Hypothyroidism is on the rise and the standard medical treatment for it is generally unsatisfactory, in my opinion.
Usually, a patient will present to the doctor’s office with one or more symptoms including lethargy/tiredness, sensitivity to cold / cold extremities, sluggishness, weight gain, constipation, dry skin, high cholesterol, etc. The doctor will run a blood test for Thyroid Stimulating Hormone (TSH) and, if high, will place the patient on l-thyroxine (“Synthroid”) medication. Then the dose will be titrated over time until the patient’s blood value of TSH is “within range”.
The major problem with this approach, as many hypothyroid patients have already figured out, is that getting the TSH value “in range” does not necessarily mean that the patient no longer has any clinical symptoms.
Before highly specialized and advanced blood tests were available, medical practitioners used to rely on clinical signs and symptoms to guide their treatment. It seems that this art is somewhat lost now, with an ultra-reliance on lab markers and somewhat of a dismissal of how the patient actually feels.
As it turns out, one of the treatments that our medical forefathers used to give for hypothyroidism was part of the thyroid of an animal to a patient. This is called a desiccated thyroid gland, and many people today are finding out that taking a prescription desiccated thyroid such as Armour or Naturoid gives them more symptom relief than Synthroid does. This is because desiccated thyroid provides both T4 and T3, T3 being the “active” thyroid hormone, while Synthroid only provides T4.
It seems that the main reason why medical doctors are reluctant to use desiccated thyroid is because of a slightly lower standardization in dose (usually this is not clinically relevant, though) which makes Synthroid “easier” to prescribe.
Thus, if you have Hashimoto’s or general hypothyroidism, are on Synthroid, and are not finding the symptom relief that you want, it may be worthwhile to talk to your doctor about trying Naturoid.
To find out from the start if you would do well on Synthroid or would need desiccated thyroid, the medical practitioner should do a complete thyroid panel. This would provide much more information about what exactly is wrong with your thyroid or even liver!
You see, your thyroid is actually only responsible for making 20% or so of the active thyroid hormone T3. The liver and intestines are responsible for making up to 80% of the T3 floating around in your body (with some other tissues, such as skeletal muscle, and organs making a small amount as well). They make the T3 from the T4 that your thyroid gland created and dumped into the bloodstream.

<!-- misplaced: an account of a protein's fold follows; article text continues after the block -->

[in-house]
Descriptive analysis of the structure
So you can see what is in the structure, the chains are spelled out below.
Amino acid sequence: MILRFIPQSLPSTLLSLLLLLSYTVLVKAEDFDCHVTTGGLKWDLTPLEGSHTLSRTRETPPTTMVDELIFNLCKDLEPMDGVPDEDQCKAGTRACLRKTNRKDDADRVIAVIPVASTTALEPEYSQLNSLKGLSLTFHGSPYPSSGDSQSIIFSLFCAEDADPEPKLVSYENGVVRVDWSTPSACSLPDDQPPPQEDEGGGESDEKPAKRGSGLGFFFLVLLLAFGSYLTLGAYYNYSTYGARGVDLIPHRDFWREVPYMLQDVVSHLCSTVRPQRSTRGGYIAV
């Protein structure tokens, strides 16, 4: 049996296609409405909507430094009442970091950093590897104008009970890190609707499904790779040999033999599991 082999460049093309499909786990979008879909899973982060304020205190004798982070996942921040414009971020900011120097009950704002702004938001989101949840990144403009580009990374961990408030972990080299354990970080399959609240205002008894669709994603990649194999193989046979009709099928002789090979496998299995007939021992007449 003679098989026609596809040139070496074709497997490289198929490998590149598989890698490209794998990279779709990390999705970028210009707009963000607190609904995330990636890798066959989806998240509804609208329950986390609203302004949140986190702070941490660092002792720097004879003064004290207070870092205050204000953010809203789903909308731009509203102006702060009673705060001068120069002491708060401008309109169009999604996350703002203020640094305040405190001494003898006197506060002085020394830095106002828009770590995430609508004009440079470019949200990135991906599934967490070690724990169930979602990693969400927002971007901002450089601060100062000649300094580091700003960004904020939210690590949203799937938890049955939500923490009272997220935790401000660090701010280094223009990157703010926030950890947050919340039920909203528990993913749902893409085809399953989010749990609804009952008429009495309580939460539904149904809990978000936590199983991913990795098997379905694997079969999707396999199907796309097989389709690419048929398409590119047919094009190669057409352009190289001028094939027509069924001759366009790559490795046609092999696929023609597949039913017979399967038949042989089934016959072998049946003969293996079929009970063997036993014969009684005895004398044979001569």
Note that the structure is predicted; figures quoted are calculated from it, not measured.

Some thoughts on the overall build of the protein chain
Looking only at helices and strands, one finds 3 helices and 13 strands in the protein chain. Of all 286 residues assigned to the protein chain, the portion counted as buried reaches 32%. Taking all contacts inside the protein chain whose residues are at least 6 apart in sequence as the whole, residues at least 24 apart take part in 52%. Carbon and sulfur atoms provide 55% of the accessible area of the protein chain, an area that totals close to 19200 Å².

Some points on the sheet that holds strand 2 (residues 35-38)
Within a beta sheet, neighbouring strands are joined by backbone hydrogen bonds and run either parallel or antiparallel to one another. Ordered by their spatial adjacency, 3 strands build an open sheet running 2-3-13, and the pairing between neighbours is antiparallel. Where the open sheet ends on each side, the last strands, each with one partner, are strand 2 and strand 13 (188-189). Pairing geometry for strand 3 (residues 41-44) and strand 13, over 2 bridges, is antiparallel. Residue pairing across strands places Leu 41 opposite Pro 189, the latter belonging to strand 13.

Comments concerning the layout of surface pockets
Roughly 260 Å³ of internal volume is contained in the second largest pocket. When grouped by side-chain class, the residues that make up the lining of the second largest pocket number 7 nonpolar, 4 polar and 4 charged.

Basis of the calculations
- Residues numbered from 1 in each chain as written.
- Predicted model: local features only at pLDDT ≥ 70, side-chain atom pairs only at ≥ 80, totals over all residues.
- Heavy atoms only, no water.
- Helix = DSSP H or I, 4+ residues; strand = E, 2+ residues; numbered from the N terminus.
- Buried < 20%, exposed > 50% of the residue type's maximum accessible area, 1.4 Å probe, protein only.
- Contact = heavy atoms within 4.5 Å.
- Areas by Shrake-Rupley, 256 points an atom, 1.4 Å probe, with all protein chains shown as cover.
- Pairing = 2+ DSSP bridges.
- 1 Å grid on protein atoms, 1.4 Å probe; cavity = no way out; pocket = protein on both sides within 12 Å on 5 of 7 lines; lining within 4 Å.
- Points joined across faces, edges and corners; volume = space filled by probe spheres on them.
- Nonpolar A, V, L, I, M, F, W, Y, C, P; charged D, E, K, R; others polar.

A full thyroid panel includes TSH, T4, free T4, T3, free T3, reverse T3, and the thyroid antibodies AbTBG and AbTPO. If the results of your thyroid panel showed normal levels of T4, low levels of T3, and a high TSH, for example, this would indicate that your thyroid is already spitting out enough T4, but the tissues responsible for converting T4 to T3 (liver is the big player here) are not doing their job. Does it make sense, in this case, to just provide more T4 (what Synthroid does)? No, it doesn’t. Unfortunately, this is what many people who test only their TSH end up taking. No wonder it does not solve their symptoms.
What would make more sense is to provide the T3 that is not being created, and this can be done by taking Naturoid or another type of desiccated thyroid.
What would be even better is to try to figure out the root cause of what is causing your body not to perform the conversion of T4 to T3 properly in the first place. This can be done by working with a competent functional medicine practitioner who will perform various lab testing to uncover this “root cause” and will then suggest lifestyle, nutrition, and/or supplementation strategies to help correct the issue. Going this route will not only make the patient feel better but will likely allow them to lower their dose of medication.
For more information on how to help yourself with thyroid issues naturally, browse the Health Conditions Index section of this site!
As always please leave any comments, questions, or experiences below. I would love to hear from you!
Kathleen Marie Tolle · October 1, 2022 at 11:52 pm
I was told by Dr. Joe Feret that you found Black Seed Oil to help with Hashimotos. I just picked up some and they come in a capsule of 600 mg. Is that a sufficient amount to help?